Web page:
Skip to content
The article is more than 3 years old

Service union strike threatens to shutter supermarkets

A strike by service sector union PAM would include nearly 50,000 workers.

Myyjä hyllyttämässä jugurttia Prismassa
Image: Kalle Purhonen / Yle
Yle News

The service sector union PAM is threatening a strike during the week of the winter ski holiday that would affect retail and property services. The industrial action would involve nearly 50,000 workers and could effectively shut down supermarket chains such as the S Group’s Prisma hypermarkets for two days.

According to Service Union United PAM, the strike would begin with the logistics and transportation firm Inex Partners on 18 February and would continue there until 21 February. The work stoppage would affect S Group logistics hubs in Sipoo and Kerava in southern Finland. As a result Prisma stores will not be open for business for two days from 20 – 21 February.

Workers in the real estate service sector will also down tools during the same week in regions such as Lapland, Kainuu in eastern Finland, central Finland and Ostrobothnia in the west.

"We have also decided on strikes following week eight. Pam will announce industrial action in subsequent weeks later," union head Annika Rönni-Sällinen said in a statement.

Overtime ban also in effect

In addition to the strike, logistics workers will observe a ban on overtime work at Inex Partners starting on 4 February. The measure will affect distribution centres run by the other major food retail chain, Kesko, as well as the German market challenger Lidl.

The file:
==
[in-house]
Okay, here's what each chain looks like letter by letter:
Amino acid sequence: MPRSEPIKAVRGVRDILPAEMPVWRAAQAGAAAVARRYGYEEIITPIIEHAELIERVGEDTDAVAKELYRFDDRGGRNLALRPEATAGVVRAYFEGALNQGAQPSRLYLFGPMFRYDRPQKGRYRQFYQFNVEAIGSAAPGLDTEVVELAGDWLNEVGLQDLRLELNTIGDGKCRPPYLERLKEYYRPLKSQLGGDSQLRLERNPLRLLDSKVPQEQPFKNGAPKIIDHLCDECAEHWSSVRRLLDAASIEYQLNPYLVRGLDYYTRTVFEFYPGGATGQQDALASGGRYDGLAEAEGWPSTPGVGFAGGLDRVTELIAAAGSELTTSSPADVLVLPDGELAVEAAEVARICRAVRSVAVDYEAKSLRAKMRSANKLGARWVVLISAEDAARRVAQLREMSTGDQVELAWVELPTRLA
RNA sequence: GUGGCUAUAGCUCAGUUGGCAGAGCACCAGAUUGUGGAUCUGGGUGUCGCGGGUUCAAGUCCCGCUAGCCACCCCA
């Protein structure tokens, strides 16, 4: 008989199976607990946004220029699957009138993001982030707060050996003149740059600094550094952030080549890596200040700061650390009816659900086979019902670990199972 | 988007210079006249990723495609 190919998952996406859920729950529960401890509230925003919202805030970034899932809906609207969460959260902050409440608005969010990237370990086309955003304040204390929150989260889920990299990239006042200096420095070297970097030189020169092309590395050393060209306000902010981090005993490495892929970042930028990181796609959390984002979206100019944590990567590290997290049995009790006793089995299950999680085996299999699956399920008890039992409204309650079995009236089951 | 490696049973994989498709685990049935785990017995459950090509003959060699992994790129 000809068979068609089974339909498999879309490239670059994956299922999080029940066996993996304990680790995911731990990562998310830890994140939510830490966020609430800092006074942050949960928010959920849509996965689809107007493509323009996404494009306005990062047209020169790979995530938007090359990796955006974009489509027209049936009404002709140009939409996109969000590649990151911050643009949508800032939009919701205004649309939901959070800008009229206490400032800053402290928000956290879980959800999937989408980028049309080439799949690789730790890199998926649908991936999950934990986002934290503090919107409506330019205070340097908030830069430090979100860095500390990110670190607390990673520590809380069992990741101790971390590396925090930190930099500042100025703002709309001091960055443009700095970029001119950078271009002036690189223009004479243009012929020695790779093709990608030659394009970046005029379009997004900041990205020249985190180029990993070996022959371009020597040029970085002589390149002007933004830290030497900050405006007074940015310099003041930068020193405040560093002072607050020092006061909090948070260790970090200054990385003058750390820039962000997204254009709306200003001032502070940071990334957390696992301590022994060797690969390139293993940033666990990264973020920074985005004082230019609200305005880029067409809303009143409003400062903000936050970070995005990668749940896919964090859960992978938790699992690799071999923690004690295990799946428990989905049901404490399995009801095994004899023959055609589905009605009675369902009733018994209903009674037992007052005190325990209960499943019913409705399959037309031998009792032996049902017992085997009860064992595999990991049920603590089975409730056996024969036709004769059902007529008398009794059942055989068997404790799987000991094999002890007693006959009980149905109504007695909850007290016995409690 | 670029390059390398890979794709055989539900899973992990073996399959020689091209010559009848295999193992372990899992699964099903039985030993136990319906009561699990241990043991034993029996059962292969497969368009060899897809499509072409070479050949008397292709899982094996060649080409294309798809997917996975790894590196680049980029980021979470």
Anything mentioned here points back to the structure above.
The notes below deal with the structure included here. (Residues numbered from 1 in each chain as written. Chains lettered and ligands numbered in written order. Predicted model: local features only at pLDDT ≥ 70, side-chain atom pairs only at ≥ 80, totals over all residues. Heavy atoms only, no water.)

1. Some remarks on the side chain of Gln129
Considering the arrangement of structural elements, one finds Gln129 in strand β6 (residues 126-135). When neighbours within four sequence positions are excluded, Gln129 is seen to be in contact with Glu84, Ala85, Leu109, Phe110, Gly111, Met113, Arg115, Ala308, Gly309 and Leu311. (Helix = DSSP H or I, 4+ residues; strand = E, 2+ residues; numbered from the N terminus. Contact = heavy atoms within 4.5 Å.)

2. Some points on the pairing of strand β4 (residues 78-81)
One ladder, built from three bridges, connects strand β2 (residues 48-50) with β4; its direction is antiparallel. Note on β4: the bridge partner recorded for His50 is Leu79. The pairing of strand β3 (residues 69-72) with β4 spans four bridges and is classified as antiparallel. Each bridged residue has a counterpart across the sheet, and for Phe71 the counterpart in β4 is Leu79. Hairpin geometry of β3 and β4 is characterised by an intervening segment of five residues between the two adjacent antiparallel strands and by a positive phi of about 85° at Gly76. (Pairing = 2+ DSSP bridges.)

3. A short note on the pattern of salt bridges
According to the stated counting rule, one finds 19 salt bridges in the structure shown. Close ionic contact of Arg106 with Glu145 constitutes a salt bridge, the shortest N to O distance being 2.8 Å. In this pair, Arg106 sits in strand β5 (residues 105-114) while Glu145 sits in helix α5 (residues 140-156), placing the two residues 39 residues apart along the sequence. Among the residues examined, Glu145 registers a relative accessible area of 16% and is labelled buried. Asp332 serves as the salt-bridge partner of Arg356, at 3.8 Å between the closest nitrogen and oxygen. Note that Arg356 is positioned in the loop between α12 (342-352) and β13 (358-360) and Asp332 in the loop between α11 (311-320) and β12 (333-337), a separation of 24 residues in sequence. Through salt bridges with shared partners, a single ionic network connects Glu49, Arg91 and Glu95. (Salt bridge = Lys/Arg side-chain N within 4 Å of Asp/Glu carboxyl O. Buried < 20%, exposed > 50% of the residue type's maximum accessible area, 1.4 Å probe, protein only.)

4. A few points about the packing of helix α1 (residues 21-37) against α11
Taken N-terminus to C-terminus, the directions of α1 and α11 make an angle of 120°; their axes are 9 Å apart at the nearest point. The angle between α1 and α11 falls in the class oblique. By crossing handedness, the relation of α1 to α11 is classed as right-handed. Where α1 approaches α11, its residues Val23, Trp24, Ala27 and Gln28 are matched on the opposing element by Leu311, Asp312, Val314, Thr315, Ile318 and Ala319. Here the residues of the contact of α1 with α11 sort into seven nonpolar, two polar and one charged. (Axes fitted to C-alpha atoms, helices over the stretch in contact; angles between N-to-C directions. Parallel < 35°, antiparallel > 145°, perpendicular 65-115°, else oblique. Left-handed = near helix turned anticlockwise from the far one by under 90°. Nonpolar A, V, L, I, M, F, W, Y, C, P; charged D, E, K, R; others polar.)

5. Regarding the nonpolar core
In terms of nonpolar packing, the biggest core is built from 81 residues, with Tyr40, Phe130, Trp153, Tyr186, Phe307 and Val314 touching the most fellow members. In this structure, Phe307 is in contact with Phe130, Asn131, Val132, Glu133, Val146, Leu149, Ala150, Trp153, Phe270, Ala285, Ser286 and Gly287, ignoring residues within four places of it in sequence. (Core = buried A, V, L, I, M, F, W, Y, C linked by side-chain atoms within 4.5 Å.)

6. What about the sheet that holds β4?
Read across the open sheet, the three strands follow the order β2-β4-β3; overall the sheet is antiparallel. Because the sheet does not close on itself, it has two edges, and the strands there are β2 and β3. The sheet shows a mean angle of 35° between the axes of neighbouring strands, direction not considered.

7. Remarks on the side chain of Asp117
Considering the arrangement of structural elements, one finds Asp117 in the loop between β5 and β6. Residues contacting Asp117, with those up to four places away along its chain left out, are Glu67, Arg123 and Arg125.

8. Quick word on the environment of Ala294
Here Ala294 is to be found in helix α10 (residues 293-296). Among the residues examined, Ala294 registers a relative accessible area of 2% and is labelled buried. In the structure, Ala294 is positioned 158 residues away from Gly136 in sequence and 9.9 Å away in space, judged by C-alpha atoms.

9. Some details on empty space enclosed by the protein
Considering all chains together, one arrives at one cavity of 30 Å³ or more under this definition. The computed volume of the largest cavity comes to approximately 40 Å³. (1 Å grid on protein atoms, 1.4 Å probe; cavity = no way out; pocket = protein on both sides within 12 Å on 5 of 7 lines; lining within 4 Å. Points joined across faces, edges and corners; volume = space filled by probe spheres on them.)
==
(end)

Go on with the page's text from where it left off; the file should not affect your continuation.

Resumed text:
The union has been in discussions on a new collective bargaining agreement with retail sector employer lobby, the Finnish Commerce Federation and the Real Estate Employers association. However PAM’s governing body suspended the negotiations at the end of January, when the previous collective agreement expired.

PAM said it decided to abandon the talks because they had not progressed. According to Rönni-Sällinen, employer representatives were reluctant to negotiate sticking points such as the contentious “kiky” hours – 24 hours of additional annual unpaid work tacked on to collective agreements by Juha Sipilä’s competitiveness pact in 2016.

The tri-partite agreement sought to improve national competitiveness by reducing companies' unit cost of labour.

The union has accused the powerful business lobby, the Confederation of Finnish Industries or EK, of coordinating employer positions in the negotiations. It has said that this is an obstacle to genuine sector-by-sector talks.

"By coordinating, employers want to pick and choose and force cleaners and sales personnel to continue contributing free labour," Rönni-Sällinen charged.

You can listen to our All Points North podcast about Finland's collective bargaining system via this embedded player, Yle Areena, Spotify, iTunes or your normal pod player using the RSS feed.

Latest: paketissa on 10 artikkelia